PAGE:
Pot stocks have crumbled, and Cronos Group (NASDAQ:CRON) has been one of the victims of the sell-off. CRON stock more than doubled from early August levels. But in the past 11 sessions, Cronos stock has dropped about 40%.
The catalyst seems to be what Luke Lango presciently predicted would be a “sell the news” event: the official legalization of marijuana on Oct. 17. With promise now reality and a nervous broad market perhaps adding some pressure, pot stocks have fallen across the board.
For the group as a whole, more downside seems likely. As I wrote about Cronos peer Canopy Growth (NYSE:CGC) last month, there are real echoes of the dot-com bubble in pot stocks at the moment. Marijuana sales are going to rise. But that alone doesn’t justify the enormous valuations in the industry, including the multiples assigned to Cronos stock.
And even if pot stocks do bounce from current levels, CRON hardly looks like the best player in the space. All told, at best there seem like easier ways to make money than Cronos stock.
Cronos Stock and the Marijuana Space
Marijuana stocks admittedly are cheaper than they were two weeks ago. And there’s been a nice bounce on Tuesday, with CRON stock up 6.5% as of this writing. If only from a trading standpoint, there is a near-term case for more upside.
To be sure, the sector remains expensive by most traditional valuation methods. But it’s also a group, particularly for those with exposure to the Canadian market, facing potentially exponential growth in the near term.
And after the roller-coaster of the past two-plus months, Cronos stock in particular isn’t that much more expensive than it was this summer.
The stock sits modestly above $7 at the moment; it’s traded above those levels multiple times this year. In fact, CRON stock actually is down 12% so far in 2018. Perhaps more interestingly, the stock trades only about 20% above where it did in early August, when Constellation Brands (NYSE:STZ,STZ.B) made the game-changing $4 billion investment in Canopy Growth.
Again, the fundamentals look ludicrous. Cronos stock is valued at about $1.55 billion (note that market cap data from most public sources underestimates the fully diluted share count) on the back of $7 million in trailing twelve-month revenue. But those sales are going to rise quickly over the next few years.
And trying to accurately model CRON stock for either bulls or bears is a classic case of the “garbage in, garbage out” problem. It’s the inputs that drive the model and those inputs are enormously variable. Can any investor confidently project 2022 revenue? Of course not. Is 30x 2021 sales appropriate for Cronos stock? 20x? 5x?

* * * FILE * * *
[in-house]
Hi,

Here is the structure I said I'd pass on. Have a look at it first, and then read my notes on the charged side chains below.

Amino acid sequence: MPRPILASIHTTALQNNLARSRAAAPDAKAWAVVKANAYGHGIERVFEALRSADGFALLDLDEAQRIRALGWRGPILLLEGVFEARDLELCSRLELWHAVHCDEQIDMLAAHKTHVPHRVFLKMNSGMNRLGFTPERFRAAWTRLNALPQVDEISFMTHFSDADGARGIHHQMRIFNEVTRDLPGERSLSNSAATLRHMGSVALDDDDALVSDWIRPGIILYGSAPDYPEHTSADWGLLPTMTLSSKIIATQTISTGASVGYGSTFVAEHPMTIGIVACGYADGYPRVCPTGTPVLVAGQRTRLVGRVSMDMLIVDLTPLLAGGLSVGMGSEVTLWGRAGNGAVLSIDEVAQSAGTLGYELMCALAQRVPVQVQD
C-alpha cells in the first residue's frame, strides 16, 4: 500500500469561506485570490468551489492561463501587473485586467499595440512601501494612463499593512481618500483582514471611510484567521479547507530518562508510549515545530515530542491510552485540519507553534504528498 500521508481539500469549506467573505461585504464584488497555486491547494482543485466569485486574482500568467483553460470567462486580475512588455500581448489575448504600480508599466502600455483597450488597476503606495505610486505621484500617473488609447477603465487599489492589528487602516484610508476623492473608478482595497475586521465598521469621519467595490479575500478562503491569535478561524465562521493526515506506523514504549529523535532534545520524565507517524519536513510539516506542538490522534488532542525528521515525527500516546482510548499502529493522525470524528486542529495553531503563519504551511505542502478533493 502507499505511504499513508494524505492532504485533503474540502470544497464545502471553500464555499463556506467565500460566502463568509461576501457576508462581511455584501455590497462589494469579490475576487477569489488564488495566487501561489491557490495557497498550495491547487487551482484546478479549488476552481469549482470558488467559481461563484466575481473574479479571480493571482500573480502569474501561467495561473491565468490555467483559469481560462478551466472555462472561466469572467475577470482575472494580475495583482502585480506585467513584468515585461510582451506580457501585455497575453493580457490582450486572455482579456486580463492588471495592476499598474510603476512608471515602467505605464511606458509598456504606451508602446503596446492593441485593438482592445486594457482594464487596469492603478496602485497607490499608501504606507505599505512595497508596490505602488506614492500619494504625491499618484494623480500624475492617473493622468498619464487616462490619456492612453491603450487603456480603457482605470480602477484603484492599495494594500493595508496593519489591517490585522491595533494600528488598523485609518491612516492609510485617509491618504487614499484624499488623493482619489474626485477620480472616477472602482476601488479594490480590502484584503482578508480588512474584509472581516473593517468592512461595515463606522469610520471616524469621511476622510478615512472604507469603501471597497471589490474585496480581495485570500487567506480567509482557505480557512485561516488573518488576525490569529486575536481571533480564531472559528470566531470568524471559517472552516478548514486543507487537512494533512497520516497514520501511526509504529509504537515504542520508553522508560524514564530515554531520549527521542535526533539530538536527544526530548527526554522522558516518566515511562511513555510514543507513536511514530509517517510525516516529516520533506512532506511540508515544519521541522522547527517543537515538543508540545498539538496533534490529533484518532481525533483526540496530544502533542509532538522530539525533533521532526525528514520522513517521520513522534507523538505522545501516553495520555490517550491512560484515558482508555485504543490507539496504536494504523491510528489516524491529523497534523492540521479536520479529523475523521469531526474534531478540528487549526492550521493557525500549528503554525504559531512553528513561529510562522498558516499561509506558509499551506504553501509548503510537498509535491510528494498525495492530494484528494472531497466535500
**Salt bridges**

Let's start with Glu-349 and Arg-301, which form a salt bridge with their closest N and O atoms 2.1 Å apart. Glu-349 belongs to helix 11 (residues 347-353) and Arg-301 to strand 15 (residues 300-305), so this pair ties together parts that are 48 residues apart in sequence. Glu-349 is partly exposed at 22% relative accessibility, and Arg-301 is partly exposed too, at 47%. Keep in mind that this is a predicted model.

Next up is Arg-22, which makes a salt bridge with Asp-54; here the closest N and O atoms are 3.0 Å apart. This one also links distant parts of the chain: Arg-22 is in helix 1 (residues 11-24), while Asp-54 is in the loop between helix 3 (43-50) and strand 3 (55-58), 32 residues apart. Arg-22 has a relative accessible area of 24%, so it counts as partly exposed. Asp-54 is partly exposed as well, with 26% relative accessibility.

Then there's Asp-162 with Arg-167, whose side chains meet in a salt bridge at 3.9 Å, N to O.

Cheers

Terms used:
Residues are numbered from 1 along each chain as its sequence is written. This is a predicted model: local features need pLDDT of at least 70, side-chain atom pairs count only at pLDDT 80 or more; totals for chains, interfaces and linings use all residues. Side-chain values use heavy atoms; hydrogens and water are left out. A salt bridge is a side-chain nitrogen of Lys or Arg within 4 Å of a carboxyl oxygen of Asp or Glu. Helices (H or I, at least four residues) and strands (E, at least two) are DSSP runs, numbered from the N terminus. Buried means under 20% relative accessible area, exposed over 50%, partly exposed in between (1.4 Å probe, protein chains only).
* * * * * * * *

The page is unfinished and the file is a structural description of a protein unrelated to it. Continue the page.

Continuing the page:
Pot stocks are going to be a “feel” space for some time to come until the numbers become big enough to make reasonably accurate fundamental projections.
Is CRON Stock the Pot Play?
We do know that over the next twelve months, Cronos stock is highly unlikely to move higher if pot stocks continue to fall. So there are two questions when it comes to buying CRON stock. First, are pot stocks going to rise? Secondly, if they do, will CRON be the best play?
Again, I’m not convinced the group is going to gain over the next 6-12 months. Certainly, the market will see some bounces over that stretch. But with many marijuana plays at 100x+ revenue, fundamentally there’s still plenty of room for a pullback. And with Canadian legalization now official, the group doesn’t have another notable catalyst on the horizon.
That said, history suggests pot stocks could move higher even from current levels. But I’m not convinced CRON is the play in that scenario. I still think CGC makes the most sense, given the cash from Constellation and its retail business.
There’s a case for Tilray (NASDAQ:TLRY), particularly now that its bubble has popped. Scotts Miracle Gro (NYSE:SMG) is a mess, with its marijuana-focused subsidiary Hawthorne in disarray. But with SMG at a two-year low, there’s an interesting contrarian case there.
The case for Cronos seems weaker in large part because it’s difficult to make a succinct case. Cronos has a diversified business, with efforts not just in capacity but retail and IP (intellectual property). But it hardly seems even close to being a leader in any of those areas.
Again, it has $7 million in revenue, in total, across those businesses over the last 12 months. Many of the operations run through an unwieldy joint venture structure. Cronos is trying to do everything, it seems but even with 100% control, it’s tough to do everything well.
There’s a case for buying marijuana stocks here, even if I’m skeptical. But there are better plays that are cheaper and/or stronger, than CRON stock. And so I’d bet that Cronos stock has further to fall or that, at best, other stocks have more to gain.
As of this writing, Vince Martin has no positions in any securities mentioned.